Moijey Fine Jewelry & Diamonds Blog

Aquamarine: Crystallized Seawater

Originally posted on March 9th, 2017

Revised on March 26th, 2020

The name for the beloved gemstone, aquamarine, is translated from Latin. aquamarine means "water from the sea," aqua meaning "water" and marina, meaning "the sea."

Aquamarine is a variety of the gem species beryl, which is also related to emerald. While emerald acquires its lustrous green from chromium and vanadium, aquamarine obtains its reputable blue hue from traces of iron in its crystal structure. It is standard practice in the gem and jewelry industry to have aquamarine heat-treated to remove any greenish color and reveal a cleaner shade of blue.

For thousands of years, aquamarine has – and still is – enjoying a reputation of being a soothing and protective stone. The most popular folklore surrounds sailors and their belief that aquamarine talismans, usually carved with the sea god Neptune's image, will provide safe voyages at sea.

Aquamarine is also credited for providing inner tranquility and helps the wearer become calm and level-headed. Traditionally, aquamarine was a gift for the nineteenth wedding anniversary, and it is said to enhance happiness in a marriage. 

Not only is this stone for people born from February 19th to March 20th, but this gemstone can also be a gift for everyone. Aquamarine's greenish-blue hue complements every skin tone, and it is excellent with all kinds of precious metals. It can look regal in yellow gold or fresh and modern in either sterling silver or white gold. There's also a subtle romance when crisp aquamarine complements the warmth of rose gold. 

Aquamarine crystals form in a rock called pegmatite, which develops from cooling, once-molten granite. The granite contains rare and necessary chemicals to produce aquamarine. As the last of the molten granite cools in its surrounding rock, the different chemicals will separate themselves from the granite and attach themselves to the edge of the surrounding pegmatite. The aquamarine crystals form in the fractures, therefore becoming deposits for miners.

The most valuable and productive aquamarine mine is in Minas Gerais, Brazil. Since 1811, the veins in the northeast region of Minas Gerais have been in producing beautiful quantities of aquamarine. 

It began when a miner found a large aquamarine crystal that weighed up to fifteen pounds, the first of many tremendous minerals to be recorded in the history of the mine. In 1910, miners discovered the most prominent crystal to date, and it weighed over 240 pounds! The gem itself was so transparent that people were able to read newspaper text through it! Pictured below is an excellent example of what comes from Minas Gerais. This crystal calls the Smithsonian Museum of Natural History home.

Not only is aquamarine found in pegmatites, but the crystals can also found in river beds. Many gems, historically, have been found in river beds or have been dug out of the ground by independent miners called garimpeiros. Now mechanized strip mining is the chosen recovery method for aquamarine crystals.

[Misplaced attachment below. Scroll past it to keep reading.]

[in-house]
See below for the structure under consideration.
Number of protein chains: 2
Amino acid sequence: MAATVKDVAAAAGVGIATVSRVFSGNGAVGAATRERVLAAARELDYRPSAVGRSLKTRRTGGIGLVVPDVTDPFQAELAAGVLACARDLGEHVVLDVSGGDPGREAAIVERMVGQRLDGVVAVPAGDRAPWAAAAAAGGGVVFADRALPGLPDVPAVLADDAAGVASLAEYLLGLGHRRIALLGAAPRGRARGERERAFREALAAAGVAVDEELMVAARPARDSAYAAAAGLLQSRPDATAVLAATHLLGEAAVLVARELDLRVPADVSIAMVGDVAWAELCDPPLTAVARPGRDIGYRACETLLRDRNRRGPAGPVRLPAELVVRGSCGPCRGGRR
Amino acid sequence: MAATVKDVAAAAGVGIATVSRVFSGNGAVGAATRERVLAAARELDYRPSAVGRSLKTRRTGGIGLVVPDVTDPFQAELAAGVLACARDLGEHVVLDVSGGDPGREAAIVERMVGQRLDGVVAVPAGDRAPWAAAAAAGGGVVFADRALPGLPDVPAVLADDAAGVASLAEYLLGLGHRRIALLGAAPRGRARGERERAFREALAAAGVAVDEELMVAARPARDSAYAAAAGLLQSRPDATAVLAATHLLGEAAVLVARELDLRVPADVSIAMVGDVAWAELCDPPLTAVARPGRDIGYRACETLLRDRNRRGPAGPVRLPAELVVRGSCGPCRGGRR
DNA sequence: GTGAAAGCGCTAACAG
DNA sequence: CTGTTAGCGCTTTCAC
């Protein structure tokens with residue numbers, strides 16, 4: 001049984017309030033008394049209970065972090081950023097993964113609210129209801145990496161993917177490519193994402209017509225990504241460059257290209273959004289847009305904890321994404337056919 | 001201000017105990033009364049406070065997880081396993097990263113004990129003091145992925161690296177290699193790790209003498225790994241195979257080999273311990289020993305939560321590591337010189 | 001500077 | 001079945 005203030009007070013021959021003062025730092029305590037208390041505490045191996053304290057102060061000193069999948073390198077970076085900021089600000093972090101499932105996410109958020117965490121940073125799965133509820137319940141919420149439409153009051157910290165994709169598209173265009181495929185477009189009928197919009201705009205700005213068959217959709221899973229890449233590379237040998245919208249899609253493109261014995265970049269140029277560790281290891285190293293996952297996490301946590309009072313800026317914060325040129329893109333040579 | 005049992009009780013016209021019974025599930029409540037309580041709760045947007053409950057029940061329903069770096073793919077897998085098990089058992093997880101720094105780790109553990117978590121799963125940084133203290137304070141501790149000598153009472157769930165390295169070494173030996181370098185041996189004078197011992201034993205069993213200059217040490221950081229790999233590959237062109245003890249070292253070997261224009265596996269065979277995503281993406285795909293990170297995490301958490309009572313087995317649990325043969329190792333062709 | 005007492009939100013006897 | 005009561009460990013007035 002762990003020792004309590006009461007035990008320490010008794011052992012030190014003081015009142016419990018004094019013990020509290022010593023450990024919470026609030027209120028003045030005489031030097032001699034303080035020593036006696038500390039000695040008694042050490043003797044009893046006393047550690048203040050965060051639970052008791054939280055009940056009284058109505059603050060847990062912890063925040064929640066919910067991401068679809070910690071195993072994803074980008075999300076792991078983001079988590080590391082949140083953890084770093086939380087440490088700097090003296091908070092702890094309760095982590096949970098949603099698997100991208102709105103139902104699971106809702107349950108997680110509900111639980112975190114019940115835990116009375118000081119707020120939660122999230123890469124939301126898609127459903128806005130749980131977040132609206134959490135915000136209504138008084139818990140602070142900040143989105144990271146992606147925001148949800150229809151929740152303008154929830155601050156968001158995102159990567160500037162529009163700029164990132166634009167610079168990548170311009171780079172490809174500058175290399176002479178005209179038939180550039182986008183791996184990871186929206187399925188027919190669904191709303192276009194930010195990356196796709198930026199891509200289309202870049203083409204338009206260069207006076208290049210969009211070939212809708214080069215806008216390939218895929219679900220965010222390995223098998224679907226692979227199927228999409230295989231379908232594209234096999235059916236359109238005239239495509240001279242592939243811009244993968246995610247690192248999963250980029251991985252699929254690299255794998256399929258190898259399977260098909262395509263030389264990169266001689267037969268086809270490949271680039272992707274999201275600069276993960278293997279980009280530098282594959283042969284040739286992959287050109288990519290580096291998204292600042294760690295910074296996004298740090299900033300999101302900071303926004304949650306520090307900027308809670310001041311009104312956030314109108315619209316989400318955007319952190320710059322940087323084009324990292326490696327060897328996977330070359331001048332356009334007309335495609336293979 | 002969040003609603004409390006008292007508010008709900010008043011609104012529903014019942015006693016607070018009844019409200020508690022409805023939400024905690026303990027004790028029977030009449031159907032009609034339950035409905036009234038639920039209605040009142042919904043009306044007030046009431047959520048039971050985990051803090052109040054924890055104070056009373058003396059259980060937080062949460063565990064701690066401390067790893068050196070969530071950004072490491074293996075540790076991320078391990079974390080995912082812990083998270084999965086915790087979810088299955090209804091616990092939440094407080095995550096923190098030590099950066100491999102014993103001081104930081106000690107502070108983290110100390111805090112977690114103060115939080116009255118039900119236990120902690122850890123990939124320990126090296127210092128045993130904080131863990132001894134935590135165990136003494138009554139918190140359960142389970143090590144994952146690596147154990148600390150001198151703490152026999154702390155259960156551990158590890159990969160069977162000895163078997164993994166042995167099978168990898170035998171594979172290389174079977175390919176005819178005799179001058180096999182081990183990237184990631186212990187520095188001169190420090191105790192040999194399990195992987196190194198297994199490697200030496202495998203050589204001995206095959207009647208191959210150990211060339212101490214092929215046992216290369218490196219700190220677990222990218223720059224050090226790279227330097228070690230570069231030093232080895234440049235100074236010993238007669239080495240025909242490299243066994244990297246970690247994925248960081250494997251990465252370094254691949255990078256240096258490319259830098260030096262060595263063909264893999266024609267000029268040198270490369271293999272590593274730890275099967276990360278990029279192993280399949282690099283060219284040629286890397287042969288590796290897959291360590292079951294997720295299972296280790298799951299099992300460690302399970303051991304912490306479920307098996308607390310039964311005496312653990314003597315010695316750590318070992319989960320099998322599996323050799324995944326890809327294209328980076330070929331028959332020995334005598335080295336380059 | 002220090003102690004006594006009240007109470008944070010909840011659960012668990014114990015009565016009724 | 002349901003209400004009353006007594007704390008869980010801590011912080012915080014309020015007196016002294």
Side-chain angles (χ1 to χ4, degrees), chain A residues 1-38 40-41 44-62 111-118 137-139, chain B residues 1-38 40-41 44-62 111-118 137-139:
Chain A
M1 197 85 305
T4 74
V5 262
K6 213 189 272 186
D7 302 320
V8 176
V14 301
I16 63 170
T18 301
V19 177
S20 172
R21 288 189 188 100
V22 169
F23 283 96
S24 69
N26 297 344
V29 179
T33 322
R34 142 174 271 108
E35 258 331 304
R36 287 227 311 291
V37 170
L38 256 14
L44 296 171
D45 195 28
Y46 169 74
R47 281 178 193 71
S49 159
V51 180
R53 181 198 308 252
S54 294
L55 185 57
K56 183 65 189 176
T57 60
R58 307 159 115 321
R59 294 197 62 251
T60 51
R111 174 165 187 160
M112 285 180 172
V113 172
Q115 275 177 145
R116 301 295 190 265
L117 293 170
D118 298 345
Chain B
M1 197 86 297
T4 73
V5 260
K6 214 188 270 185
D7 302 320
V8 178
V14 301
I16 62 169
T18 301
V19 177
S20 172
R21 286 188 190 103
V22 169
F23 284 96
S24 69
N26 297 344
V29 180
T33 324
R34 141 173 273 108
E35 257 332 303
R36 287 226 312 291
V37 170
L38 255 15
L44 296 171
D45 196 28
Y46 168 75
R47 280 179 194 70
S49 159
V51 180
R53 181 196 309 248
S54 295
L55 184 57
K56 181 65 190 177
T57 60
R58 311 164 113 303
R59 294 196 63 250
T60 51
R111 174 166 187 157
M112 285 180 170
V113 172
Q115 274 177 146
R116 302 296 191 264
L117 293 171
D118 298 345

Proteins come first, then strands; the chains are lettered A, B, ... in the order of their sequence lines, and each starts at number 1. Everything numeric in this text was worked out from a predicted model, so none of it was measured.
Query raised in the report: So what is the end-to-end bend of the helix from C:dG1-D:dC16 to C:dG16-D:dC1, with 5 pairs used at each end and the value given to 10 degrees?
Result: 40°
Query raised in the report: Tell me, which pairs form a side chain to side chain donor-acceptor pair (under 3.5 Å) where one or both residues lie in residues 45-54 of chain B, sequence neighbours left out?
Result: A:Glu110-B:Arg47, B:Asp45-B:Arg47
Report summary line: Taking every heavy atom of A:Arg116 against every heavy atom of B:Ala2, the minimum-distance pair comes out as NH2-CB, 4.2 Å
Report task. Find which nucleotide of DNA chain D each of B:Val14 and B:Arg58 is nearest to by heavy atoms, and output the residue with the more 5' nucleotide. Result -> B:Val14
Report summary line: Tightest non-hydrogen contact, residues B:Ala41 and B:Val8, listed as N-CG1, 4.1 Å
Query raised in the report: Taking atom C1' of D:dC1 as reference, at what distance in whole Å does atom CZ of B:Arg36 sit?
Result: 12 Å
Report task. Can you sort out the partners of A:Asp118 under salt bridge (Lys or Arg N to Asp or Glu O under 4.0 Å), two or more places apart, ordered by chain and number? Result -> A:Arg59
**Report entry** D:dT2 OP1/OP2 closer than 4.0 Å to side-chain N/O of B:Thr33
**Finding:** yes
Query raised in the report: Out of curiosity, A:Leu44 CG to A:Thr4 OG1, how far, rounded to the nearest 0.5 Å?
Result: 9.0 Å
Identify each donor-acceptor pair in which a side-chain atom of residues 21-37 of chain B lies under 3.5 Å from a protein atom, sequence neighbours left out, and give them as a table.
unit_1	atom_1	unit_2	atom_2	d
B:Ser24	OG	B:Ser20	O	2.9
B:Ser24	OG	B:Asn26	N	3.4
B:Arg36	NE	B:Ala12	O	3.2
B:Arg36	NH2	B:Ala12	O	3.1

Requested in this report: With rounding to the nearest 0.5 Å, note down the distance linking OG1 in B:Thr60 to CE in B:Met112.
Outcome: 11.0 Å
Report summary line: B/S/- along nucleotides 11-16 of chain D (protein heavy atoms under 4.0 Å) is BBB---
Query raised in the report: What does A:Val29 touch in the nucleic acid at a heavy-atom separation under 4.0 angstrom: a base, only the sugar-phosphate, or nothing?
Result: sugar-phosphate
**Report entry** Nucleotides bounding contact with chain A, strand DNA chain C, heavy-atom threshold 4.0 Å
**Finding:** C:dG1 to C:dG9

Pakistan is also another source of aquamarine. There are multiple mines at high elevations, and miners often have to cut into the sides of cliffs. Most miners have to climb as high as fifteen thousand feet! The mines produce light greenish-blue to blue crystals that can measure up to twelve inches by five inches. The gem pictured below (from the Smithsonian website) are lovely examples from Pakistan, and now it resides in the Smithsonian.

This aquamarine crystal is a fine example from Pakistan. The picture is also from the Smithsonian website.

China is relatively new in aquamarine production. The country has recently become a leading producer in small, commercial-quality crystals. The stones, after faceting, are widely used in mass-market jewelry. They become readily available on home shopping networks and other high-volume outlets. Unfortunately, the mining techniques are not as refined as other mines in the world. As a result, the gem-quality yield – which is pale in color and has little to no inclusions - is between ten percent and fifteen percent.

Recently, Vietnam has discovered aquamarine sources with well-formed crystals that possess an attractive shade of greenish-blue.

Lesser-known sources of Aquamarine are Madagascar, Mozambique, Nigeria, Kenya, Zambia, Australia, and the United States. At the Smithsonian, there is a piece of aquamarine (pictured below) mined in New Hampshire, and it weighs 1,430 pounds.


You read that correctly, one thousand four hundred and thirty pounds! It is one of the multiple and equally impressive pieces of aquamarine on display at the Smithsonian.

We hope you enjoyed this updated article about the glories of aquamarine. Stop by our site anytime to learn more about what we can offer!